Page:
Dish washing is a chore in our house which technically falls to whoever didn’t make dinner, but in reality it’s usually whoever doesn’t put the kids to bed. I make dinner, he puts the kids to bed, and at least half the time I wash the pile while he tackles the kids and wrestles them into bed. Somehow over the years though it’s evolved into a wee competition. Not the washing part (he does it more thoroughly, no question, but I get it done faster) but the stacking part.
See that poor wooden rack up there? Kind of a junior effort (by moi) to be honest, as you can still see the rack. Nothing is resting on the cabinet door behind it either, which often affords the stacker a lot more real estate to work with. We don’t dry dishes, that’s what the rack is for, right?! Both of us hate to put the dishes away too, so they’re almost always there in the morning when I’m staggering around trying to figure out what to feed the boys before they melt down into a wailing puddle of low blood sugared tears. You’d think I’d figure that out the night before, but I rarely do.
I call them the Dishrack Wars because it’s a rather funny but apt peek into the element of competition that sometimes crops up between my husband and I. There’s definitely an ongoing contest to see who can stack the dishes the highest, with the occasional derisive comment about how many more things could have been fit on the pile, like all those glasses still in the sink …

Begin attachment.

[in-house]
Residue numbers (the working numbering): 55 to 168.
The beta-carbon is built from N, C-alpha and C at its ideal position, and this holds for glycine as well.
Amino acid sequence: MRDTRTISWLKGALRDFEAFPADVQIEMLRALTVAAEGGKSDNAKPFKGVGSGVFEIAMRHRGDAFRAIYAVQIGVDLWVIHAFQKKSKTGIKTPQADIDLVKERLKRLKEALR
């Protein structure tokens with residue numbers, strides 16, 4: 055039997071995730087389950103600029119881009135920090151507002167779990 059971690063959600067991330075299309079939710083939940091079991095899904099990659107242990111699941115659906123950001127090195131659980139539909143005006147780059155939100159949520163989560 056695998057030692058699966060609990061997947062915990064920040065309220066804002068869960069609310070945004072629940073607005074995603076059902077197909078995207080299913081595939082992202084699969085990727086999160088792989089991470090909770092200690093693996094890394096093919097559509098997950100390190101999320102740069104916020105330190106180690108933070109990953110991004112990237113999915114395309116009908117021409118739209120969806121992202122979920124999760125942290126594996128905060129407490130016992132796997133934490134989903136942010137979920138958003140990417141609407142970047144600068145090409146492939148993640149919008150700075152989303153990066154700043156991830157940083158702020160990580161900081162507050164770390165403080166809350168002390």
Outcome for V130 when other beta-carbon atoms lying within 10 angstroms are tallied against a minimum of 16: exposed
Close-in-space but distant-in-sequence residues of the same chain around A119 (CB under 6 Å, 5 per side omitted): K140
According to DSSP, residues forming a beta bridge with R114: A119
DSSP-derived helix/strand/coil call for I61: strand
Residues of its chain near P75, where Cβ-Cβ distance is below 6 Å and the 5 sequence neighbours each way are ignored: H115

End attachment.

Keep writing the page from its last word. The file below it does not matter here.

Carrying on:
We’re both the youngest in our respective families, and I think that means we got our way more often than our siblings. We certainly both have a naturally competitive streak that trips us up here and there, when it’s not serving as a handy motivator. I know that when we were first married, I had an irrational reaction to his artistic abilities, and felt so inferior that I didn’t pursue anything but graphic design and photography, two realms he didn’t dabble in. He’s a very talented painter and sculptor, which I never even wanted to be with my graphic design background, but somehow I didn’t even want to pick up a pencil with him in the room. I’ve gotten over that, learning a lot from him along the way in terms of composition and light, and no longer feel like I can’t draw or pick up a paintbrush when he’s around. Might take a few therapy sessions to tease that one apart though :).
I’ve satiated my apparent need for competition mostly by running in the past, but it stopped working as a motivator for me early last year, so I quit running altogether until I could find another reason to get going. Today, for the first time in nearly 8 months, I went out and ran for a bit … because I knew it would make me happy! It always made me feel good in the past (once I got out there) and it did the same thing today. I caught myself wanting to speed up when someone passed me on the trail though, mentally comparing my slow jog to race paces of a year before, and then I just told my brain to shut up and enjoy the feel of the dirt beneath my feet and the sun on my face. I went out to feel good, not put myself down, and it worked … I came home sweatier and happier than when I left! It certainly wasn’t as hard as my first I-want-to-run-a-marathon run either (5 years and 6 days ago, to be exact) but I have no current goals other than doing it to feel good. No races in mind, just chasing some sweat and a few of those delicious endorphins.
Is competition ever an issue for you? In your own relationships, or between your kids? How do you handle it or use it?